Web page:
An Italian experimental photography group has set a new world record. Using a 24 square meter negative, a canvas of the same size, and 12 minutes and 30 seconds of exposure courtesy of the sun, they created the world’s largest cyanotype contact print.
The group is called Branco Ottico, and they’re a collection of professional photographers, printers, and artists determined to “break up the unnecessary cultural and artistic barriers of the contemporary photographic era based on means, fashions, and 5 seconds of social fame.” This project, undertaken in September of 2015 during the Phototrace event in Florence, Italy represents just that.
They chose cyanotype because, given the sheer size of this print, anything else would have been cost prohibitive. The cyanotype salts used to sensitize the 24 square meter canvas were, relatively speaking, affordable.
Once the 24 square meter photographic negative and light-sensitized canvas were both ready, they wrapped it up in several layers to ensure no light leak and carried it out to the square where they would be creating their print.
This was the real moment of truth… or rather, the real twelve minutes and thirty seconds of truth.
Enlisting the help of strangers walking around Phototrace, they quickly unrolled the negative/canvas, asking the participants to place their hands around the edges and hold the print taut while simultaneously leaving their own mark on the print itself.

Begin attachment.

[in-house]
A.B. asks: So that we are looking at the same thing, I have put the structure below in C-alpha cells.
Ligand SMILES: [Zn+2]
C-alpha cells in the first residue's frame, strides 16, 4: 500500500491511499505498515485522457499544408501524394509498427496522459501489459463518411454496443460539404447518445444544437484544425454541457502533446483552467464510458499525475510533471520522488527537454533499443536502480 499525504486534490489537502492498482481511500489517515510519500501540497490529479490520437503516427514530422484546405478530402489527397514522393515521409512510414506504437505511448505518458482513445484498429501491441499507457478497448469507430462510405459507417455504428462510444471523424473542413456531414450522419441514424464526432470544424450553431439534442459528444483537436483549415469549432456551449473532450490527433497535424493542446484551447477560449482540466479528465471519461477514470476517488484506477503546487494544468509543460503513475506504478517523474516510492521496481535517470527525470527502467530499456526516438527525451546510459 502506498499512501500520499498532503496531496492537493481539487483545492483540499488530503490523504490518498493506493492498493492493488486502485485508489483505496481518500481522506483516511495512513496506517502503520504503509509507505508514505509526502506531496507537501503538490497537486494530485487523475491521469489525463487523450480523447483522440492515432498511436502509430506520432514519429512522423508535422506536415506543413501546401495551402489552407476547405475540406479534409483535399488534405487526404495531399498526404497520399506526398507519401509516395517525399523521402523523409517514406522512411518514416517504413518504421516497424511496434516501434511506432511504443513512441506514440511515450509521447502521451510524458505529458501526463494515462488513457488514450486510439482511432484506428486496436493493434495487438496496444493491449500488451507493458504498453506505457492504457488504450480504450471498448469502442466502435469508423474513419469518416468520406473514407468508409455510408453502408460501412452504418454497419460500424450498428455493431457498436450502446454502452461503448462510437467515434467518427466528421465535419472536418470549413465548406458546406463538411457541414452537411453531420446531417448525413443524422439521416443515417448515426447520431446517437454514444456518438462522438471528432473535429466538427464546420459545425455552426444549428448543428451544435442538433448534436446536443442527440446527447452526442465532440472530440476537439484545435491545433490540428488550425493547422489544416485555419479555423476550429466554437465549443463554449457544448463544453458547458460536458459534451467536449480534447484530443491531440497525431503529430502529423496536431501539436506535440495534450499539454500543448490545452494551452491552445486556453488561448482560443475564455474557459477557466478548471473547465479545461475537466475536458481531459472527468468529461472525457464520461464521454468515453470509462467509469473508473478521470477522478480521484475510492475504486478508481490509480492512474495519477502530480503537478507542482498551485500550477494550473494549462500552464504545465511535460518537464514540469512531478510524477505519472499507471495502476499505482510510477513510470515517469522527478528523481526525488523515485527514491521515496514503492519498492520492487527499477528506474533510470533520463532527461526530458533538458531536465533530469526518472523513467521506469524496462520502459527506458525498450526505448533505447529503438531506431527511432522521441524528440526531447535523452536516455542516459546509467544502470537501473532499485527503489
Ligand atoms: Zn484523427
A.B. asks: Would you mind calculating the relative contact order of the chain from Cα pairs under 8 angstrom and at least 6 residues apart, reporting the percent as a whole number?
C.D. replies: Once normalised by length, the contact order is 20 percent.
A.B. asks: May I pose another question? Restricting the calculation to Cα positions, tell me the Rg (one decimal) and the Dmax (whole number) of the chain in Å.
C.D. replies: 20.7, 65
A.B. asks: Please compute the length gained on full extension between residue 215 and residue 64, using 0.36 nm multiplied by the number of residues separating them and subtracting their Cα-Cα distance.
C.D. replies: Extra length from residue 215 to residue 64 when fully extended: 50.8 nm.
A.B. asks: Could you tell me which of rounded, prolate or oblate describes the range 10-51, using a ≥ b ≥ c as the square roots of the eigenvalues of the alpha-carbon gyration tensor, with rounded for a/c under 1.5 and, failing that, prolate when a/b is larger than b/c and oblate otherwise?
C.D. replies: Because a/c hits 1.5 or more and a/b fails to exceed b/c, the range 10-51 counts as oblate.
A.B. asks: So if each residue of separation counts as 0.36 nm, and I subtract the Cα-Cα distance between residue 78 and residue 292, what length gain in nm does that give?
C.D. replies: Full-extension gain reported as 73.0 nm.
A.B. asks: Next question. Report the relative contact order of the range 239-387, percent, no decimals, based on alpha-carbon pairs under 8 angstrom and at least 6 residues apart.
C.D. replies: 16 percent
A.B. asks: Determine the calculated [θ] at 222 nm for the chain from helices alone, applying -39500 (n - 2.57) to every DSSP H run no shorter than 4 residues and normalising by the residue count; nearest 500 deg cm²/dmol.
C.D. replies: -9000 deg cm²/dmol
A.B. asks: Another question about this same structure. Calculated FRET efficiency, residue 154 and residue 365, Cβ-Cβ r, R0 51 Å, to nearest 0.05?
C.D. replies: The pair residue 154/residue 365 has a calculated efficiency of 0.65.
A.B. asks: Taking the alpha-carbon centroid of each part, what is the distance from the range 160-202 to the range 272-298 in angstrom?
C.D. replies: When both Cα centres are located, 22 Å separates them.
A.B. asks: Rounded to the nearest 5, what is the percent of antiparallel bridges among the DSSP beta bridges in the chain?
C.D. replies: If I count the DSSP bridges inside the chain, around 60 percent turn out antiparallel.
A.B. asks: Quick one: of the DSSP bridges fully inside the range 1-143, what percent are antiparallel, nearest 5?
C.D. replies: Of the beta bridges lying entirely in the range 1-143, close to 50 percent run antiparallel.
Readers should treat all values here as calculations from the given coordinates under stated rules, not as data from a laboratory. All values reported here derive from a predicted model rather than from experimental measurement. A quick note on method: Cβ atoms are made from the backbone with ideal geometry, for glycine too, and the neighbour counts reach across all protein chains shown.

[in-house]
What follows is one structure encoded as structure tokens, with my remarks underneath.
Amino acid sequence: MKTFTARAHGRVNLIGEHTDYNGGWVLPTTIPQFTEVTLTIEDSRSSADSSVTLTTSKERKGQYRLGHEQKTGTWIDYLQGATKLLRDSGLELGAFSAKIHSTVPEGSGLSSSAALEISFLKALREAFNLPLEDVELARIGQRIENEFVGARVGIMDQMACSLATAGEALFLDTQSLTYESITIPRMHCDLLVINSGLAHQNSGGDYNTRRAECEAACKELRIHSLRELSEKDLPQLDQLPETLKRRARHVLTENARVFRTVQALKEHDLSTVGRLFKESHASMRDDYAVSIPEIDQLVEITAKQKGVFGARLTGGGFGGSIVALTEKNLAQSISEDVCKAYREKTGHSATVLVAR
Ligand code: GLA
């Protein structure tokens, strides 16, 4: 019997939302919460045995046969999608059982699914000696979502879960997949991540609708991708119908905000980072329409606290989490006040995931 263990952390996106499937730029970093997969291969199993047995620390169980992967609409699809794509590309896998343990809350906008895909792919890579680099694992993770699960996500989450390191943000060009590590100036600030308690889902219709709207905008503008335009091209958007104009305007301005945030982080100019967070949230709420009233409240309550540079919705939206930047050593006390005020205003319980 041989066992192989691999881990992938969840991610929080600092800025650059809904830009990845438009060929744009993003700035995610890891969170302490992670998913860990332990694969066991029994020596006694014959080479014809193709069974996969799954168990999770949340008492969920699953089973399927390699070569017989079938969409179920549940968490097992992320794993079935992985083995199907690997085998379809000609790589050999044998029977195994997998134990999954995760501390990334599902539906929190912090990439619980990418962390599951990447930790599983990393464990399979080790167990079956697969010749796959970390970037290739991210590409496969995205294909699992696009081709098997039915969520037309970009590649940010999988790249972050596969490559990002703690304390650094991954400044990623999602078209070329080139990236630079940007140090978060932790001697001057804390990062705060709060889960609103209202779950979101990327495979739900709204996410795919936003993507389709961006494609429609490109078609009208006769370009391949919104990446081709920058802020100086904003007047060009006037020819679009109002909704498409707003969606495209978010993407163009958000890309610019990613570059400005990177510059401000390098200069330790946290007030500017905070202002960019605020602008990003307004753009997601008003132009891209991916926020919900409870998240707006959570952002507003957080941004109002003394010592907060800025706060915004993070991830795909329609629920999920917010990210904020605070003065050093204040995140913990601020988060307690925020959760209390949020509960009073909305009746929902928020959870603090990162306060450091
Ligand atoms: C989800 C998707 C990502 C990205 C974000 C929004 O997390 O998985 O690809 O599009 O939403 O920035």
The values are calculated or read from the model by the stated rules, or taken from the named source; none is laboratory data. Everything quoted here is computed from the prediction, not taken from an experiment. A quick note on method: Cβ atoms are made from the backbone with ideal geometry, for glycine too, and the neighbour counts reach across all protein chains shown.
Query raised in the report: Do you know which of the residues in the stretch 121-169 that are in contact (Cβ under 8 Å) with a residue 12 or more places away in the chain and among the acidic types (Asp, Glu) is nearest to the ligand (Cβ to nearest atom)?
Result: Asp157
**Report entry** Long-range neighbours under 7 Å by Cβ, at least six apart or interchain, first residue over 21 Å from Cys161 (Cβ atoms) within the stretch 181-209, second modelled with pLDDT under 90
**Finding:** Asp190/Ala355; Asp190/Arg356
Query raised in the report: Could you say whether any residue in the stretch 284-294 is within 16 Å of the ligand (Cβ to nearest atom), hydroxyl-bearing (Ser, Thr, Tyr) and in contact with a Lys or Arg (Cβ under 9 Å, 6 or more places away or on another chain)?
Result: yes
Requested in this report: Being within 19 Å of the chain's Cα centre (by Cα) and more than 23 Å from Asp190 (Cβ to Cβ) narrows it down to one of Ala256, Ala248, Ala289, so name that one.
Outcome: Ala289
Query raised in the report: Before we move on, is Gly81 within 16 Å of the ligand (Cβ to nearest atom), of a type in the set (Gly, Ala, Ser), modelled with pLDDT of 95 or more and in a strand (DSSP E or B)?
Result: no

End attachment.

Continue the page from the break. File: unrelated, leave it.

“The idea of letting people leave their sign all around the picture with their hands was born during the design phase and we thought it was essential for the brotherhood message,” writes Branco Ottico. “The participants put their hands on the print ant the sunlight made the rest.”
Once the almost 13 minutes of exposure was done, the quickly stripped the negative off the canvas, packed it up in a trash bag, and ran to wash and “fix” the final image.
As they explain in the video, up to this point, there was no guarantee this would work. Would all of this prep and 13 minutes of making strangers kneel on the pavement yield the results they were hoping for? As they unfurled the final cyanotype print, the answer was revealed and everybody breathed a sigh of relief.
There it was, hanging over the stage to dry out after being washed, waving and increasingly full of blue, like a piece of heaven to touch.
As live photography projects go, we have to say this impressed us. To learn more about Branco Ottico and see what they pull off next, head over to the group’s website or give them a follow on Facebook and Instagram.
And if you haven’t had enough of massive photography experiments, watch a photographer create the world’s largest negative here.